Network model with dynamic ion concentrations (Ullah et al. 2009)

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This is a network model composed of 100 excitatory and 100 inhibitory neurons with dynamic ion concentrations as described in "The Influence of Sodium and Potassium Dynamics on Excitability, Seizures, and the Stability of Persistent States: II. Network and Glia Dynamics (2009) Journal of Computational Neuroscience, 26:171-183".
1 . Ullah G, Cressman JR, Barreto E, Schiff SJ (2009) The influence of sodium and potassium dynamics on excitability, seizures, and the stability of persistent states. II. Network and glial dynamics. J Comput Neurosci 26:171-83 [PubMed]
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Model Information (Click on a link to find other models with that property)
Model Type: Realistic Network; Extracellular;
Brain Region(s)/Organism:
Cell Type(s):
Gap Junctions:
Simulation Environment: FORTRAN;
Model Concept(s): Epilepsy;
Implementer(s): Ullah, Ghanim [ghanim.phy at];
This is the readme for the model associated with the paper:

Ghanim Ullah*, John R Cressman Jr, Ernest Barreto, and Steven J
Schiff.  (2009) "The Influence of Sodium and Potassium Dynamics on
Excitability, Seizures, and the Stability of Persistent States:
II. Network and Glia Dynamics". J. Computational Neuroscience,


In these companion papers, we study how the interrelated dynamics of
sodium and potassium affect the excitability of neurons, the
occurrence of seizures, and the stability of persistent states of
activity. We seek to study these dynamics with respect to the
following compartments: neurons, glia, and extracellular space. We are
particularly interested in the slower time-scale dynamics that
determine overall excitability, and set the stage for transient
episodes of persistent oscillations, working memory, or seizures. In
this second of two companion papers, we present an ionic current
network model composed of populations of Hodgkin-Huxley type
excitatory and inhibitory neurons embedded within extracellular space
and glia, in order to investigate the role of micro-environmental
ionic dynamics on the stability of persistent activity. We show that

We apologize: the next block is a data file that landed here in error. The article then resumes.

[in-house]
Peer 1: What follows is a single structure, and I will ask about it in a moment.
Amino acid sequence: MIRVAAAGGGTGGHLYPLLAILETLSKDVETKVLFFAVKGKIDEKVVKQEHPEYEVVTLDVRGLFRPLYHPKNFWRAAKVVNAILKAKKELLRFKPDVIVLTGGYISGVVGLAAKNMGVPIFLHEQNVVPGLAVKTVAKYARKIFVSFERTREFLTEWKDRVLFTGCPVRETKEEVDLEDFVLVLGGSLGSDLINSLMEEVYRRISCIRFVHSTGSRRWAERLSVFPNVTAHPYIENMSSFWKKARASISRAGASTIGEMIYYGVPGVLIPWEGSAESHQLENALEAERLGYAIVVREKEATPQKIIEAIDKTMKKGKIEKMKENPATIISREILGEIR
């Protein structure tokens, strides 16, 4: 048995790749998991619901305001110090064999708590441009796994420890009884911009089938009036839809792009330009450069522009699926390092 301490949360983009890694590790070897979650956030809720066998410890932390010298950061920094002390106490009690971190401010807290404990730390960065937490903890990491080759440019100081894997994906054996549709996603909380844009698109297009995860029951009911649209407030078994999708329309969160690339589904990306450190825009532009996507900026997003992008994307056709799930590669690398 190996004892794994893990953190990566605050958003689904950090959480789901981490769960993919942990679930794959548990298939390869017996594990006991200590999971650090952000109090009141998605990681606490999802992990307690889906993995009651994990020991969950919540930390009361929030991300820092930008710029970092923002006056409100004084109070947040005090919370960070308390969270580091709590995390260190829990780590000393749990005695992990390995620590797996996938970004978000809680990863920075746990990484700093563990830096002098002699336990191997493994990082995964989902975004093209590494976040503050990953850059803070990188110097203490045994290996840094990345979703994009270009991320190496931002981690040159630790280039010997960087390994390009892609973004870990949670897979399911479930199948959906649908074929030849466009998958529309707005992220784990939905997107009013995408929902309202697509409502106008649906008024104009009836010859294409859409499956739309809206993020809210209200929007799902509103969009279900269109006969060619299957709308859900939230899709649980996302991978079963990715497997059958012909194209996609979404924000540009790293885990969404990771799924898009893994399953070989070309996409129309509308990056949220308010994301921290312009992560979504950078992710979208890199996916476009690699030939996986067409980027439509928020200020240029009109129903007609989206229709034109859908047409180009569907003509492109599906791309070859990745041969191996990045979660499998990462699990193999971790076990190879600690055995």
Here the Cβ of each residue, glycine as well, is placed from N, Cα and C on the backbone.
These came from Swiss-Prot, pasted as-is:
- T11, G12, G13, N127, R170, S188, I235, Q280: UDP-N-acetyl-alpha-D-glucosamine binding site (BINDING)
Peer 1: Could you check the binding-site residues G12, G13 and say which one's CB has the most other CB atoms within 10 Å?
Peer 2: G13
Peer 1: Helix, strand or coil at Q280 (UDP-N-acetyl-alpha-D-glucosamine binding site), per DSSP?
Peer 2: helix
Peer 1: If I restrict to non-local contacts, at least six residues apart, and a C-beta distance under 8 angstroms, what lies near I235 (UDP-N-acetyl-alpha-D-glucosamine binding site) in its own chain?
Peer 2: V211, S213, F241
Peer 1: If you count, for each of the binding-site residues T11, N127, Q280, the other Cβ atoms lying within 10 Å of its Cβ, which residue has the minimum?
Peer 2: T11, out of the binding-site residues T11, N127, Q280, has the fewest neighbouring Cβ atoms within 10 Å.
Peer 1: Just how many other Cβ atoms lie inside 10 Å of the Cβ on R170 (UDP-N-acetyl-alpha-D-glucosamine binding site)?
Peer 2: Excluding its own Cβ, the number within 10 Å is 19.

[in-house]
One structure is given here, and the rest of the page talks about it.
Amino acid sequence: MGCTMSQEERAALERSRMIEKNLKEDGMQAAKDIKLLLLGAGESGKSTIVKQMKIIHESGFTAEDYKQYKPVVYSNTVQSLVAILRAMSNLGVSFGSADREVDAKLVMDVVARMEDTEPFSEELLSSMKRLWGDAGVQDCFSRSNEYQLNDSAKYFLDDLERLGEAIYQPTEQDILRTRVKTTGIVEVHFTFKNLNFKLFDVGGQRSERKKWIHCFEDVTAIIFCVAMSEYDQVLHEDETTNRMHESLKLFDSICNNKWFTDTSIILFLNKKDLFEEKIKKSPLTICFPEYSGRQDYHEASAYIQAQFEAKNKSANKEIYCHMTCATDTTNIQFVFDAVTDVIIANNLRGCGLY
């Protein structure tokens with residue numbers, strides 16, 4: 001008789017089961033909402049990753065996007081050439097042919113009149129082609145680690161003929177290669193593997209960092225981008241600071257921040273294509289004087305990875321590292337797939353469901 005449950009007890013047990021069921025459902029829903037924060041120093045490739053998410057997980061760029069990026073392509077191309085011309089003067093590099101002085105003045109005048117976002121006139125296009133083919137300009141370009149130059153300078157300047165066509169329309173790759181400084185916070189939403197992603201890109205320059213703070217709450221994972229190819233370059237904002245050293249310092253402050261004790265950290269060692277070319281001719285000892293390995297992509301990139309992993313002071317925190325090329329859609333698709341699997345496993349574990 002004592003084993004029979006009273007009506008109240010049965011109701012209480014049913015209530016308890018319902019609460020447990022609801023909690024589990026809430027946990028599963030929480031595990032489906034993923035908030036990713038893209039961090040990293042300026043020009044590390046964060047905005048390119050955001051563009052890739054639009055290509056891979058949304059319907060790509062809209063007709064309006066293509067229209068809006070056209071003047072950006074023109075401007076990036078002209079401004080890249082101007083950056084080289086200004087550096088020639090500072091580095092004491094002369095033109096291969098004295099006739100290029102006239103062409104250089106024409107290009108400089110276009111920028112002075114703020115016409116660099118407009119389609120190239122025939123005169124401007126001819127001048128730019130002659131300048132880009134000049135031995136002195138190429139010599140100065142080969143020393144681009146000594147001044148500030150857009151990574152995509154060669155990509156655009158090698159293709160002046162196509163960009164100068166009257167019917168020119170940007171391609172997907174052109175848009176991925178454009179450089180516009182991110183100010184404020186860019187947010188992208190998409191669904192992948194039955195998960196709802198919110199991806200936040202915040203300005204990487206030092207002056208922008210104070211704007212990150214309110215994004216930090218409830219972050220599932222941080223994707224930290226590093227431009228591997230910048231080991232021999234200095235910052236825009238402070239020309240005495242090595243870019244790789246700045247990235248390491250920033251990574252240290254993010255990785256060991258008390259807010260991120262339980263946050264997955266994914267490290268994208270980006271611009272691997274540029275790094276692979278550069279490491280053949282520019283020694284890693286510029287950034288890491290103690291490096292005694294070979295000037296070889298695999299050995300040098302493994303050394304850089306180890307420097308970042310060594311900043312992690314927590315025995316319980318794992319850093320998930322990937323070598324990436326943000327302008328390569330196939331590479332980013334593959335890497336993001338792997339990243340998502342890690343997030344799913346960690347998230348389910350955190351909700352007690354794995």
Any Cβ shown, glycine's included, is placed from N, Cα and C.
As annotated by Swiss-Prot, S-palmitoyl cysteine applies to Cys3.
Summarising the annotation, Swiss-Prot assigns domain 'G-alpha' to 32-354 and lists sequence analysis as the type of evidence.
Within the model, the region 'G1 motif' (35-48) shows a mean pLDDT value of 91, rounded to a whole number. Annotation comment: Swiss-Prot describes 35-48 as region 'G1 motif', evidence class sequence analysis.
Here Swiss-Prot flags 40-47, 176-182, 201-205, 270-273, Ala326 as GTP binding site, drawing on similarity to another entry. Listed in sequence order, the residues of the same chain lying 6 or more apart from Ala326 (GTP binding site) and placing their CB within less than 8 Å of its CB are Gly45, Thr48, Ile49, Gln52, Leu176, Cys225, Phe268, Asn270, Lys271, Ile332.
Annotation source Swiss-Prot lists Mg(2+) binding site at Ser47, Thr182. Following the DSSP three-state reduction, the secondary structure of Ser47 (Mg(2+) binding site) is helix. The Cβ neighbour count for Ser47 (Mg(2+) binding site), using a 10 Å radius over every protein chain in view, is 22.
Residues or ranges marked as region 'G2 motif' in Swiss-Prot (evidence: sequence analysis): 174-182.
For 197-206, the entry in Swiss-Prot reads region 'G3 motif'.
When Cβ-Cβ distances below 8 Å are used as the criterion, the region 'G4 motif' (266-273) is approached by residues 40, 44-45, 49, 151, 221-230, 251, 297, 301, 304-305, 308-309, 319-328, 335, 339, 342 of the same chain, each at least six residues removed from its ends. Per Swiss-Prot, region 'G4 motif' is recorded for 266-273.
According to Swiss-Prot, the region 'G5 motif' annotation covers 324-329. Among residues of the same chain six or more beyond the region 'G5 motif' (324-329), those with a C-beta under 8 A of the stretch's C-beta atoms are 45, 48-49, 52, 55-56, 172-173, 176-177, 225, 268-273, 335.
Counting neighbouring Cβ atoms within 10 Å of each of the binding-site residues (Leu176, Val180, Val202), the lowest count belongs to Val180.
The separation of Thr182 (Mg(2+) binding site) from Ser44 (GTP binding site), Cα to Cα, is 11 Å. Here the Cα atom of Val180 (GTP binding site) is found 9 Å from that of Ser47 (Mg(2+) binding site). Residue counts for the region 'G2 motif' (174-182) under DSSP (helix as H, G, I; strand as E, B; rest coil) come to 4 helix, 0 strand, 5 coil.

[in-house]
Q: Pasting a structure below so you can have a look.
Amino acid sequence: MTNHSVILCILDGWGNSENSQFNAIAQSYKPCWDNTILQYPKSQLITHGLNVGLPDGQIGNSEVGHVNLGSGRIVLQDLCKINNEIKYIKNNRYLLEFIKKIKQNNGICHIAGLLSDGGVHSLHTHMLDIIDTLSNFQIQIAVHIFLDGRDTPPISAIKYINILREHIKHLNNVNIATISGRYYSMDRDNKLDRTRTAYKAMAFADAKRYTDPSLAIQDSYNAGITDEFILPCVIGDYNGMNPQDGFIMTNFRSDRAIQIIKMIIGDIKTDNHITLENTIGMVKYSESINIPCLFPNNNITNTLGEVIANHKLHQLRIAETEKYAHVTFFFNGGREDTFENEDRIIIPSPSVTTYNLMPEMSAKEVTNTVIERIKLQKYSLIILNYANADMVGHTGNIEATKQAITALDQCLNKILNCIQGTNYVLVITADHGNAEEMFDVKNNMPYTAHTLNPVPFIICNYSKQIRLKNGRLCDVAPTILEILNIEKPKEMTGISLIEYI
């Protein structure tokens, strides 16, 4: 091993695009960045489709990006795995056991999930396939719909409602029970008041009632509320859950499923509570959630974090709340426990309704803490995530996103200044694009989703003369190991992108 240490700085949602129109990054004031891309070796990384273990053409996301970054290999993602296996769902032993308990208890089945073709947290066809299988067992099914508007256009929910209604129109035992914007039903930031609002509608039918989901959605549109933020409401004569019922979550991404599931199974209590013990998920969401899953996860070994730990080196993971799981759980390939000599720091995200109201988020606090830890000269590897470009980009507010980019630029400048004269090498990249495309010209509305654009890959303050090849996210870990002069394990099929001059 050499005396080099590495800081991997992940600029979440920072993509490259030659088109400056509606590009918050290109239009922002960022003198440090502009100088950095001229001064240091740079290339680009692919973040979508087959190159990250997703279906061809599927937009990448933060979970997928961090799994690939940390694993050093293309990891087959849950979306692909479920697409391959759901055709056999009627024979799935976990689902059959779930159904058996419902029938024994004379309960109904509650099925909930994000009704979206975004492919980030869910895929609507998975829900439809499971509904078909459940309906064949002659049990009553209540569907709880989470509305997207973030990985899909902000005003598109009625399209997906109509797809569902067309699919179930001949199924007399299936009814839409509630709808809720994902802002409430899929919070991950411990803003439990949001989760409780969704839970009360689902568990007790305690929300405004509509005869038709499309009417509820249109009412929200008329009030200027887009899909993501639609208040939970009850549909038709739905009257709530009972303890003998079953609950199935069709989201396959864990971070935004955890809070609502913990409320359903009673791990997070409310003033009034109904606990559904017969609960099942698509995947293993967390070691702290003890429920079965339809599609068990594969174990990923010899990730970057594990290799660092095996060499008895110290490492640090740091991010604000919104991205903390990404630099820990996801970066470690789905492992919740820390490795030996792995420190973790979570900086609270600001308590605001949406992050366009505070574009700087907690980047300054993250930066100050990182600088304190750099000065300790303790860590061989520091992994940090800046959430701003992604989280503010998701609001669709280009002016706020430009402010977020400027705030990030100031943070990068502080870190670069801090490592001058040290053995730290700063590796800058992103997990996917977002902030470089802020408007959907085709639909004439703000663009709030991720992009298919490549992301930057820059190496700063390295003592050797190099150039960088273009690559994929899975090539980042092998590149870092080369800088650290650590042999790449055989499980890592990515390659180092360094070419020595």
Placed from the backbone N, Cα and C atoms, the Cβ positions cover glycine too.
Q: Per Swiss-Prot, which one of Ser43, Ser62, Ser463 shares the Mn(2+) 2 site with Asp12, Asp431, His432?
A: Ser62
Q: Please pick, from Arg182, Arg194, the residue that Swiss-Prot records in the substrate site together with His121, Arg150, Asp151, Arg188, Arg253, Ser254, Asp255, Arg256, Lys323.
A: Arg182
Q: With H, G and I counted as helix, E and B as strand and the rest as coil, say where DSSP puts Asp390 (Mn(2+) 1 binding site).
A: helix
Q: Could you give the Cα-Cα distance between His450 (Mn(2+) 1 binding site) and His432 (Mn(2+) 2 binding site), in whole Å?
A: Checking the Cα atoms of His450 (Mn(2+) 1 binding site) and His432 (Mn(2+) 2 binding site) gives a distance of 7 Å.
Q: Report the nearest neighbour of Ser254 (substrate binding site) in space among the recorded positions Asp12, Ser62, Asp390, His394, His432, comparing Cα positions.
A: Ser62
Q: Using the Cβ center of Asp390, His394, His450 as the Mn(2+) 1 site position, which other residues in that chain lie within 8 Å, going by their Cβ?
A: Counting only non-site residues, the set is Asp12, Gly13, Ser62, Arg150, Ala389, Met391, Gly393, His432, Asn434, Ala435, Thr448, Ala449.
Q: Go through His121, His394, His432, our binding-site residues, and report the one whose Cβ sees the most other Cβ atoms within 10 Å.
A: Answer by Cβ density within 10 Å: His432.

these networks reproduce seizure-like activity if glial cells fail to
maintain the proper micro-environmental conditions surrounding
neurons, and produce several experimentally testable predictions to
better understand such dynamics. Our work suggests that the stability
of persistent states to perturbation is set by glial activity, and
that how the response to such perturbations decays or grows may be a
critical factor in a variety of disparate transient phenomena such as
working memory, burst firing in neonatal brain or spinal cord, up
states, seizures, and perhaps spreading depression.


Model files provided by the authors.


Programming language: Fortran 90.

Download the program files from ModelDB and compile the main program
file Network.f90 using a Fortran 90 compiler.

Network.f90 couples 100 inhibitory neurons and 100 excitatory neurons
where the membrane potential dynamics of these neurons is taken from
Gutkin et al. model, 2001, J. Computational Neuroscience, 11, 121-134.

The synaptic currents here are modified from that given in Gutkin et
al., 2001 model. The model also includes dynamic potassium and sodium
concentrations that build on the model from companion paper

John R Cressman Jr, Ghanim Ullah, Jokubas Ziburkus, Steven J Schiff,
and Ernest Barreto. (2009) "The Influence of Sodium and Potassium
Dynamics on Excitability, Seizures, and the Stability of Persistent
States: I. Single Neuron Dynamics". J. Computational Neuroscience,

The results from Network.f90 are stored into data files (see comments
in Network.f90) that include activity and raster plots for two network
types, the membrane potentials, extracellular potassium and
intracellular sodium of excitatory and inhibitory neurons.

The data files containing the activity of the network are read into
another program file called "Activity.f90". Activity.f90 simply
averages the activity of the network over the desired time window (50
or 100ms).

After the simulations for Network.f90 are complete, compile
Activity.f90 with a Fortran 90 compiler and plot the result using data
visualization package of your interest. This will produce graphs
similar to Fig.5 in the paper.

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